WASHINGTON, DC, Aug 12 — At the rate he’s been going, they’ll be calling President Biden “Packman.” No Chief of State has ever appointed more federal judges — mainly those with a progressive socialist outlook on life — than he has in such a short time. Since his inauguration in January, he has to date, named 33 nominees for the federal bench. Nine of them have already been confirmed, seven of whom in July alone.
Russell Wheeler, a judiciary expert at the Brookings Institution, told The Hill that no president in four decades has appointed as many judges in such a short period of time. The news site says that progressives have been urging Mr. Biden to stop President Trump’s appointment of 234 judges during his four years in office.
Included in President Biden’s picks are two openly LGBT women — Vermont associate justice Beth Robinson and attorney Charlotte Sweeney.
Biden has long been against the notion of court-packing.
In 1983 he called it a “bonehead” idea, and during a presidential primary debate in 2019, he denounced the notion of packing the Supreme Court. In a social media message posted during the debate, he declared, “no, I am not prepared to go on and try to pack the court, because we’ll live to rue that day.”
So, what was the point of him convening a commission in April to study the future of the Supreme Court? Was it to encourage Democrats in both houses of Congress to put through a bill that would add four additional Justices before the commission hands down its recommendations?
It is likely that the commission will listen to the voice of the people — especially those of the traditional Democratic persuasion and those with an independent bent?
A poll conducted by Mason-Dixon Polling & Strategy asked 1,100 registered voters: “Do you feel President Joe Biden should or should not back a plan proposed by Congressional Democrats to increase the number of Justices of the Supreme Court of the United States from nine members to thirteen members?” The results were definitive and bi-partisan, with 65% of respondents — Democrats, Republicans, and independents — saying they are against court-packing.
It is interesting to note that just 31% of Democrats in that survey were in favor of expanding the numbers of Justices on the Court and that 72% of those who identified themselves as independents sided with the vast majority of Republican respondents — 95% — who said they were against increasing the number of Justices.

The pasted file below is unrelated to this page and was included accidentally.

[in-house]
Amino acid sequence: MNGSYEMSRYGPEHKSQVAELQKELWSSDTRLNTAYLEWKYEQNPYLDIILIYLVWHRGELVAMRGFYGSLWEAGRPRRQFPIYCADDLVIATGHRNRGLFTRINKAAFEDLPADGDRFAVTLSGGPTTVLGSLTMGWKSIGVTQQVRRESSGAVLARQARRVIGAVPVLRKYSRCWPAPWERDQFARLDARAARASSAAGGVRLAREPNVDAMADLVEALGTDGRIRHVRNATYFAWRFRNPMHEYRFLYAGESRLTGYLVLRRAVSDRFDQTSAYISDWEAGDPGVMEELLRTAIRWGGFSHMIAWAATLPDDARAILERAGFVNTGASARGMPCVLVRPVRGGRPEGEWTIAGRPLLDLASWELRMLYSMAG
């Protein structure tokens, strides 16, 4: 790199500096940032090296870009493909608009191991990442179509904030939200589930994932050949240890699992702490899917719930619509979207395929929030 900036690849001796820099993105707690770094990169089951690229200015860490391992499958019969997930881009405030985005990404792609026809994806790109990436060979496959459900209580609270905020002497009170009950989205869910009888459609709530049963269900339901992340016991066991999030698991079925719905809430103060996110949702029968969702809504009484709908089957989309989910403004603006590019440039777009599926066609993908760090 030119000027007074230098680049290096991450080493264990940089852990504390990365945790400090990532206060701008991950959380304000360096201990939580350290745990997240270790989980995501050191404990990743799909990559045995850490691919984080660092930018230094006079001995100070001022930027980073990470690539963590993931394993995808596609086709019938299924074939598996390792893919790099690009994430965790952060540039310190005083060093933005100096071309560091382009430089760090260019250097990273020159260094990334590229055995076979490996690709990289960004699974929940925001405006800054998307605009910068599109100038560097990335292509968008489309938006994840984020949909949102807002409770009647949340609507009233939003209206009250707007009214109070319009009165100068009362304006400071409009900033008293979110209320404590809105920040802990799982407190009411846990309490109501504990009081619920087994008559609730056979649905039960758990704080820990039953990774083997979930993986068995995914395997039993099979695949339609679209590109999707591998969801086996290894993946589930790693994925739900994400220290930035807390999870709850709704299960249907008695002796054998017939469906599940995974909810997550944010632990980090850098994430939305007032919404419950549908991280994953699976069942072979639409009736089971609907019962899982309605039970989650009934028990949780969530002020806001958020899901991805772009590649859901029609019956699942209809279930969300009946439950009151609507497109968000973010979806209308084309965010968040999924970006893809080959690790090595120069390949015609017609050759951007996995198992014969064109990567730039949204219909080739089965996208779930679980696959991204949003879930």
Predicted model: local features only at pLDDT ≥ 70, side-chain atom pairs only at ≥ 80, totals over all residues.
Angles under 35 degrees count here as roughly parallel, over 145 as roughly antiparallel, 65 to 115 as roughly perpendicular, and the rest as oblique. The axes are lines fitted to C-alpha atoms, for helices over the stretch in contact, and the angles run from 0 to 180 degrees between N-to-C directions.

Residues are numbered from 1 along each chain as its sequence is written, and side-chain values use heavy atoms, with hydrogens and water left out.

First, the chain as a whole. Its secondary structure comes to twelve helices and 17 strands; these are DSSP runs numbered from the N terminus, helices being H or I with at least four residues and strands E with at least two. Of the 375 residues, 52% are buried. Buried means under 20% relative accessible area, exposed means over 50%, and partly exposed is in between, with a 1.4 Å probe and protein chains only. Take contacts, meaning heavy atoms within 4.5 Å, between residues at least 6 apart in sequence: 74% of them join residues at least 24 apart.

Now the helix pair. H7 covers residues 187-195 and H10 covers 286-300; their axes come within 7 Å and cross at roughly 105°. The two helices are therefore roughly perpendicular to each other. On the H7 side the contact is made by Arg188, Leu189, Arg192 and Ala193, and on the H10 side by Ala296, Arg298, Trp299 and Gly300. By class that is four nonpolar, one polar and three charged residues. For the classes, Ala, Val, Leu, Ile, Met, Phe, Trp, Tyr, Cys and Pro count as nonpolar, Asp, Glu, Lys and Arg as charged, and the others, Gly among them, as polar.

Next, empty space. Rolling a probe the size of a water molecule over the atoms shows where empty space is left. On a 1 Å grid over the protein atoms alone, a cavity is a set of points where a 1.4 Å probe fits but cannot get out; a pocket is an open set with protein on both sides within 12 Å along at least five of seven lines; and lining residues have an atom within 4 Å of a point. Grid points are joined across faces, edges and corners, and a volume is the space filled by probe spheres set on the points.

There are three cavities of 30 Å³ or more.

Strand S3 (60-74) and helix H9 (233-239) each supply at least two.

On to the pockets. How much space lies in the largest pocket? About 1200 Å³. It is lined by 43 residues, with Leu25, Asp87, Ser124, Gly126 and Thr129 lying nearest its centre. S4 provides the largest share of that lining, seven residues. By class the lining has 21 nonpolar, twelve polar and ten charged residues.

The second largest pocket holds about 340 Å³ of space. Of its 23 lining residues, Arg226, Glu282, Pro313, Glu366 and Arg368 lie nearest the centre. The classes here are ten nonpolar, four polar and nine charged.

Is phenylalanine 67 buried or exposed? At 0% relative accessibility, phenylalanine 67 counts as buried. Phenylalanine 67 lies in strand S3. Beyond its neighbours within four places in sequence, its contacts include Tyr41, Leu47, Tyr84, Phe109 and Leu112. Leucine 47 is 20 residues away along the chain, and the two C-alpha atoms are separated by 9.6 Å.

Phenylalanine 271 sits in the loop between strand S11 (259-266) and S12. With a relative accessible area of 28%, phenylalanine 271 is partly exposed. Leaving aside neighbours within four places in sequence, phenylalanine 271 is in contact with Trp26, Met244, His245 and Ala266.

It would appear that politicians who identify themselves as Democrats — particularly progressive socialist Democrats — are feeling their oats. They took the White House, the Senate, and the House of Representatives in the last election. It would be a home run for them if only they can own the Supreme Court, and right about now, they may be beginning to feel powerful. But as the saying goes, power corrupts, and absolute power corrupts absolutely, and so it is scary to envision — remote, as it is — the possibility of the party winding up someday with absolute control of the Legislative, Executive, and Judicial branches of government with total control of the way we live.
Back to Russell Wheeler and his take on the issue: “Groups on the left began, well before the 2020 election, to press candidates to pledge action to enlarge the Supreme Court. They criticized President Trump’s early 2017 appointment of Justice Gorsuch after the Republican Senate refused to consider President Obama’s March 2016 nominee (then circuit judge, now attorney general) Merrick Garland for the same vacancy created by Justice Scalia’s death. The controversy-infused appointment of Justice Kavanaugh in 2018 bolstered these calls for expansion. They gained more strength due to Justice [Amy Vivian] Barrett’s rapid October 2020 confirmation even as voters were beginning to cast the ballots that most everyone predicted would end the Trump presidency. Fears that the Court will further restrict abortion rights and expand gun owners’ rights next term have fueled the flames, especially given Barrett’s replacement of Justice Ginsburg.”
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